KMT
10-16-2008, 12:07 PM
>Is there way to test a cam sensor?

As suggested, the easiest method is to replace it.

>I have several lying around?

Valid only if the problem is cured (used sensor is good). If the problem remains, the used/replacement cam sensor could also be bad, meaning nothing is learned, prolonging the diagnosis - ask how I know :) Try more than one spare if you have them.

The price for a new cam sensor currently ranges from $37 ~ $70.

kenewagner
10-16-2008, 01:42 PM
>Is there way to test a cam sensor?

As suggested, the easiest method is to replace it.

>I have several lying around?

Valid only if the problem is cured (used sensor is good). If the problem remains, the used/replacement cam sensor could also be bad, meaning nothing is learned, prolonging the diagnosis - ask how I know :) Try more than one spare if you have them.

The price for a new cam sensor currently ranges from $37 ~ $70.

Guess a new one is in order.

Ken

kenewagner
10-16-2008, 01:51 PM
>Does the cam sensor go bad slowly?

The EEC will jump in and substitute a signal/value if the camshaft sensor fails to supply one...intermittently or completely. I consider that it is usually a combination of poor circuits (wiring/connectors) and marginal ground paths that contribute, rather than simply a black & white issue at the sensor alone, that frequently work in concert to produce what appears externally as an 'intermittent' issue. Factor in heat, both local and ambient, along with humidity - the gremlins rule.


Several times, while tuning on the dyno, My tuner has felt that there might be a grounding problem. I think I should sometime in the near future inspect my neg ground off the battery. The battery is in the trunk. The car has never had good numbers for the modifacations done.

KMT
10-16-2008, 02:01 PM
>The battery is in the trunk.

Ordinarily, I emphasize checking/checking/checking the stock ground paths, but in your case, you might want to consider adding additional grounds, even if only for testing. Don't overlook (freshly?) painted brackets, etc. as points of resistance - example: the (early) DIS grounds via the mounting plate, top of A/C bracket, through the engine, etc., then to the body.

Good luck w/your issue(s) :)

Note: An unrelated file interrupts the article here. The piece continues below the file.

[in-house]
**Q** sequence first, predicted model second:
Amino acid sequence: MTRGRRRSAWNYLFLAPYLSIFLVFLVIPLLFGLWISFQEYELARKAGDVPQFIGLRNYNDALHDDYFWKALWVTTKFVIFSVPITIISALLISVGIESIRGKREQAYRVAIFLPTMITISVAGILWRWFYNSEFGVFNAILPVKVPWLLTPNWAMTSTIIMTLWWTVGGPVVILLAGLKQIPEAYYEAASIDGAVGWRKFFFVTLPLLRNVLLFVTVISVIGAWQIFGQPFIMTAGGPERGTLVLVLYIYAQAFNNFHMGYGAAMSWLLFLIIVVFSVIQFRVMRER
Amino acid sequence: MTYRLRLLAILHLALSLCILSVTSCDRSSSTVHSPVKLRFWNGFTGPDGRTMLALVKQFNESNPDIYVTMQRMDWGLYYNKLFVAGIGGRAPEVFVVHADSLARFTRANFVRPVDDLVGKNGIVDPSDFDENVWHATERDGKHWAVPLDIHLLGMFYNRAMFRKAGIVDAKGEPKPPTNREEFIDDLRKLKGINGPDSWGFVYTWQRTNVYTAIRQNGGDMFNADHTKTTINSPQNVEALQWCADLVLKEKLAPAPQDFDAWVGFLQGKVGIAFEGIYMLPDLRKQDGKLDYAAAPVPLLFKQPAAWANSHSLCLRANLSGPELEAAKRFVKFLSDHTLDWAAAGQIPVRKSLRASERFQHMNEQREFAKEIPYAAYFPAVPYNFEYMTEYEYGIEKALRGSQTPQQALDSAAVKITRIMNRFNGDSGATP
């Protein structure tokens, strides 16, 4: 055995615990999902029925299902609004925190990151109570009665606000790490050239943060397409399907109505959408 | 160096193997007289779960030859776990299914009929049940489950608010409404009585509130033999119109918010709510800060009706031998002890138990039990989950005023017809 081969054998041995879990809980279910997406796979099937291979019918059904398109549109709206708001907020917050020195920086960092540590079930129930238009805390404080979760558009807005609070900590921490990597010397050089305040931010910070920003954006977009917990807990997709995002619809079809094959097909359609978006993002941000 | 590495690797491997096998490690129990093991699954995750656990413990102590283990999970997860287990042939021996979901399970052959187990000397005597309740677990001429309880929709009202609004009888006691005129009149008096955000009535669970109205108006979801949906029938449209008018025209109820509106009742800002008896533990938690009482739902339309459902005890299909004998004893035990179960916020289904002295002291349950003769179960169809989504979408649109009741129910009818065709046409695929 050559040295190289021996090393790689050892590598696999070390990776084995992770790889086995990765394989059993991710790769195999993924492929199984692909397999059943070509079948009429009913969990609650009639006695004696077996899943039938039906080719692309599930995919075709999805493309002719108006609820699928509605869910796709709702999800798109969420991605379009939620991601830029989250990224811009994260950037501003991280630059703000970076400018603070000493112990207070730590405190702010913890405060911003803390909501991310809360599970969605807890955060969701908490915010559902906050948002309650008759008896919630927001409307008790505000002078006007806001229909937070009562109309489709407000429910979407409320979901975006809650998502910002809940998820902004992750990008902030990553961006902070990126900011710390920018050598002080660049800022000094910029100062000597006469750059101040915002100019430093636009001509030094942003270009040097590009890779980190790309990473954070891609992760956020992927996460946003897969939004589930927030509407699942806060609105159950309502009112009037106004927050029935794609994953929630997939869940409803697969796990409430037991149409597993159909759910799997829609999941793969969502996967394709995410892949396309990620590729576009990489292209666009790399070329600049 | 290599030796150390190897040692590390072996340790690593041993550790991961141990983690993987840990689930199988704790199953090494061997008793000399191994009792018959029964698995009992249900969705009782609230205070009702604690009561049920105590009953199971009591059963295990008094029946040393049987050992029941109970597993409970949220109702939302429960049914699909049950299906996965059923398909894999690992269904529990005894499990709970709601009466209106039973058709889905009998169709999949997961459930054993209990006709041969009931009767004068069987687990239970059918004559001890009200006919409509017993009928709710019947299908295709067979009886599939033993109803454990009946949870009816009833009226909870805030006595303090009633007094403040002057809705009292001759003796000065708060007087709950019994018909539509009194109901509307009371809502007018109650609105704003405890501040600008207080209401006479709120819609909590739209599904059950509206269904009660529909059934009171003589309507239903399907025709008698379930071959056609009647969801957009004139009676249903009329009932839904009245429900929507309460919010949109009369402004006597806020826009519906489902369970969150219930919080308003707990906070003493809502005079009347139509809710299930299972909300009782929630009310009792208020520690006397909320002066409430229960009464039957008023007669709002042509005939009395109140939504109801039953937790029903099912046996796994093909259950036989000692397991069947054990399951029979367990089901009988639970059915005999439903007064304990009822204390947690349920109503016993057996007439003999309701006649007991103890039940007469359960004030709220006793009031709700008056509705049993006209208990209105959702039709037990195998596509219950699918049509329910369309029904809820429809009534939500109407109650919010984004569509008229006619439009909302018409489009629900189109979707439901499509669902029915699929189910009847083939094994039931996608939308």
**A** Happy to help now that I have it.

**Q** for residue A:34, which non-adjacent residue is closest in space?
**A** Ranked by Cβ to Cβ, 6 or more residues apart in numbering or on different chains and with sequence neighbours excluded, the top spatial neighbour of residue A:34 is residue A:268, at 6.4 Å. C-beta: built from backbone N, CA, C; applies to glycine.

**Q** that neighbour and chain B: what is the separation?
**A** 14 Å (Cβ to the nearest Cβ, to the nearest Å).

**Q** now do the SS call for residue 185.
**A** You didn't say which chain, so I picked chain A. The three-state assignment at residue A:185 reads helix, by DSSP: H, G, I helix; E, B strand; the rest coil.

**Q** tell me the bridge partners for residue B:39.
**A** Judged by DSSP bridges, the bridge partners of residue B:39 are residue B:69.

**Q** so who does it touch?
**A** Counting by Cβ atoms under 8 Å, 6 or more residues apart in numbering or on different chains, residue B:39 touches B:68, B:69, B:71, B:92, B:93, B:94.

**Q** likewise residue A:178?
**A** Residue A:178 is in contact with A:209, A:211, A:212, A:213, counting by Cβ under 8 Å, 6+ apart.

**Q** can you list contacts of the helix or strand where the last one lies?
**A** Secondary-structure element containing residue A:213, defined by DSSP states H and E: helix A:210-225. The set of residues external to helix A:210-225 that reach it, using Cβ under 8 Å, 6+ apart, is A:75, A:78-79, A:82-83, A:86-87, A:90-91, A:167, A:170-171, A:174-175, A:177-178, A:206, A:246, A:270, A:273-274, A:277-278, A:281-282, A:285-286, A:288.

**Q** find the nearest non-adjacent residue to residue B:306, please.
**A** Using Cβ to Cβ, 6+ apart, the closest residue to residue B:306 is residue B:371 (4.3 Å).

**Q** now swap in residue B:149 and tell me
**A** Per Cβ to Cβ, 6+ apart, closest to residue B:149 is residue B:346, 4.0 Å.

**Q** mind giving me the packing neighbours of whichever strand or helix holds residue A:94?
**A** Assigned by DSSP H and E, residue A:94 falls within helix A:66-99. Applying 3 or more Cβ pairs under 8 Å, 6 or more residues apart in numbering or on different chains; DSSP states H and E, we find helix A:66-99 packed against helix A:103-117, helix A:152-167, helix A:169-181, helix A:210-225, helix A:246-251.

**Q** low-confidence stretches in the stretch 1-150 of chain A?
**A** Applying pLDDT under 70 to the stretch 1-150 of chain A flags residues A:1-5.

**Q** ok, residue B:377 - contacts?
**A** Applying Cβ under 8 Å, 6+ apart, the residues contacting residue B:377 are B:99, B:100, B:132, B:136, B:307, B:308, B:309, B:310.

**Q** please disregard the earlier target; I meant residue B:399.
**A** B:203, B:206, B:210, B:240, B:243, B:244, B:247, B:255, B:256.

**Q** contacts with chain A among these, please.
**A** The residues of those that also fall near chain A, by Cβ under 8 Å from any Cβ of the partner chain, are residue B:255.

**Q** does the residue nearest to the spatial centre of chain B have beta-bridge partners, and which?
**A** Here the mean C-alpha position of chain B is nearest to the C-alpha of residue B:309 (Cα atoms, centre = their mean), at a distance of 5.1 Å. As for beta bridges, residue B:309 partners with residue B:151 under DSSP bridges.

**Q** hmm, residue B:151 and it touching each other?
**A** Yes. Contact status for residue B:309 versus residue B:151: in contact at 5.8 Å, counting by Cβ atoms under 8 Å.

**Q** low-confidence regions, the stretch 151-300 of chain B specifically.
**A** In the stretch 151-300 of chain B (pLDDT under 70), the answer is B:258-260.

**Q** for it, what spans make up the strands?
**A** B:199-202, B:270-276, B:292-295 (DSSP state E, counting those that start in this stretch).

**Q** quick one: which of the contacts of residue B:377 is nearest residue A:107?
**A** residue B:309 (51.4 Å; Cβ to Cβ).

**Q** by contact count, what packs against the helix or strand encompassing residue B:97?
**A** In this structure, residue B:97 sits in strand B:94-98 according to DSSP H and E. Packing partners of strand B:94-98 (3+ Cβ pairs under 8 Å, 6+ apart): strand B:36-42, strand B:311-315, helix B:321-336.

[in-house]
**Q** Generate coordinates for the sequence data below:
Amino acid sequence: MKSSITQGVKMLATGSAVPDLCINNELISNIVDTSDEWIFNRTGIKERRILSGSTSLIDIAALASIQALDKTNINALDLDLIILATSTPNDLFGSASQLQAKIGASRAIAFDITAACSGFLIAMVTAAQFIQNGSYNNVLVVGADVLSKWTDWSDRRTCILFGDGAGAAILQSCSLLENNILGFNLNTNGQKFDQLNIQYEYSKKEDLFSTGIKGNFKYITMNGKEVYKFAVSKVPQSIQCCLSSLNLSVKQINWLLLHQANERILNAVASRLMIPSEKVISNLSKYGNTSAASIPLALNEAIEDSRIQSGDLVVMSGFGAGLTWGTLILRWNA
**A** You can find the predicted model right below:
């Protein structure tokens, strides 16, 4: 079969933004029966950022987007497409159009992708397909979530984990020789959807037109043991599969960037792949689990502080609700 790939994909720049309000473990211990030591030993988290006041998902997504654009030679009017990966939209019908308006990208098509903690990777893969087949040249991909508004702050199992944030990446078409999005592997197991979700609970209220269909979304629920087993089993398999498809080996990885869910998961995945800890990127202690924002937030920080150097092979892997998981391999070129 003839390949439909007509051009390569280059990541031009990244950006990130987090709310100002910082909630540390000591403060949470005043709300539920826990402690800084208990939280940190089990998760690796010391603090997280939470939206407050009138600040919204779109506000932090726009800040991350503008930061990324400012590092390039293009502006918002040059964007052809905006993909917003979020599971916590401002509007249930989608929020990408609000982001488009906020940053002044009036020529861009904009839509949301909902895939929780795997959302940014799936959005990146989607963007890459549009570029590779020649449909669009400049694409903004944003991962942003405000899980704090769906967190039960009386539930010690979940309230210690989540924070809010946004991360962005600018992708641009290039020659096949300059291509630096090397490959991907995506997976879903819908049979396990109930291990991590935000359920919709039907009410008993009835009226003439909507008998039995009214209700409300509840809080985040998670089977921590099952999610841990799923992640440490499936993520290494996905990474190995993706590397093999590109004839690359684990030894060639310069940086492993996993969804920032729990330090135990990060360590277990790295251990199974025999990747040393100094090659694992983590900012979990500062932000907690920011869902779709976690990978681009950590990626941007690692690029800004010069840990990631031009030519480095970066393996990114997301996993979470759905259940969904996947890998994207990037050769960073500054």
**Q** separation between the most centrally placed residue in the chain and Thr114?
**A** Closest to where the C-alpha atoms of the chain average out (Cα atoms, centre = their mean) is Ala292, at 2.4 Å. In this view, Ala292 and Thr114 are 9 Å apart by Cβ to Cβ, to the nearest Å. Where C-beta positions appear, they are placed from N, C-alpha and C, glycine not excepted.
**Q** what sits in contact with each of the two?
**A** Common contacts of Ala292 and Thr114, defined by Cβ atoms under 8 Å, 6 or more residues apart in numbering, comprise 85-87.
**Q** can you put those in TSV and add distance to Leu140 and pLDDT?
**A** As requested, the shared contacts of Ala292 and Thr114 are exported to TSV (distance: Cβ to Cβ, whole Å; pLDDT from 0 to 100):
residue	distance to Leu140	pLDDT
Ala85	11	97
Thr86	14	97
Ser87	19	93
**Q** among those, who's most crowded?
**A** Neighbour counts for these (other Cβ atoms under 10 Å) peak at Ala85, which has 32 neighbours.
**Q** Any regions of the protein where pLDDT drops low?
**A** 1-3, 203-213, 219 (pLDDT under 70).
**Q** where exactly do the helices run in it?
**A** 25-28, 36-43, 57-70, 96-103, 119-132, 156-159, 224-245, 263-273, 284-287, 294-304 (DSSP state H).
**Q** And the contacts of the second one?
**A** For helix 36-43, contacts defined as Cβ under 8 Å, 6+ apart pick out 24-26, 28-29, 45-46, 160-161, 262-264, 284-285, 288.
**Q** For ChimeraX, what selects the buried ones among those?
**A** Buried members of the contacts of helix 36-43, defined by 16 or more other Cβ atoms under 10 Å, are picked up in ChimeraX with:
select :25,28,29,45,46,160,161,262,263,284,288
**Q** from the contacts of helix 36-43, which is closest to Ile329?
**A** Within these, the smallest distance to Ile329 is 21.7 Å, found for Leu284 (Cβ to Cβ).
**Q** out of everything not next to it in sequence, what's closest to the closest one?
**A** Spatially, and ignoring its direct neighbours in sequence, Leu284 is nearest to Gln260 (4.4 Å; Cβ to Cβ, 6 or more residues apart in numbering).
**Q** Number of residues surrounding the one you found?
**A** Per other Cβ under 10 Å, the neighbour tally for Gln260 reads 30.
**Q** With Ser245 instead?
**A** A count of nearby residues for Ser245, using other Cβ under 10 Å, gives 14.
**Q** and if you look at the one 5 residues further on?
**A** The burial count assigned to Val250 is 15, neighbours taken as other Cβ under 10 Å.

Ken

96SCbird
10-16-2008, 03:00 PM
Crankshaft sensor is responsible for PIP (profile ignition pickup).

Camshaft sensor sends CID (cylinder identification) to DIS.

DIS delivers signal to EEC.


A signal goes from the EEC to the VMM (Vehicle Maintenance/Measurement/Management Module) and then to the tach.

-=-=-=-
When a valid CID signal is lost from the camshaft sensor, the DIS and EEC both switch to FMEM (Failure Management Effects Mode).

During FMEM, the DIS handles injector firing and the EEC handles CID, each 'guessing' as to which cylinder needs fuel and spark. FMEM cuts output to the VMM and thus, no tach. Note that the VMM will go dark after 15 minutes without a signal. The tach 'bounces' when the signal is suddenly dropped/activated as FMEM, in this case, comes and goes based on the EEC's attempts to reestablish a connection with the camshaft sensor.
The cam sensor does not go the EDIS, and the EVTM verifies this, at least not on the 94/95 SCs.

KMT
10-16-2008, 03:11 PM
>at least not on the 94/95 SCs.

Looks like it goes to the PCM for those models, instead...

In KW's case, I believe we are discussing a '93, but that is just an assumption on my part :)

http://www.sccoa.com/member/images/wagner5.jpg

watsonlk
10-17-2008, 10:08 AM
My DIS failed and it left like the car was running on 4 or 5 cylinders. Then it would snap back and be fine.

Exact same thing here, new DIS no problems... Until I snapped my new crankshaft last weekend, but I have yet to determine if they're related.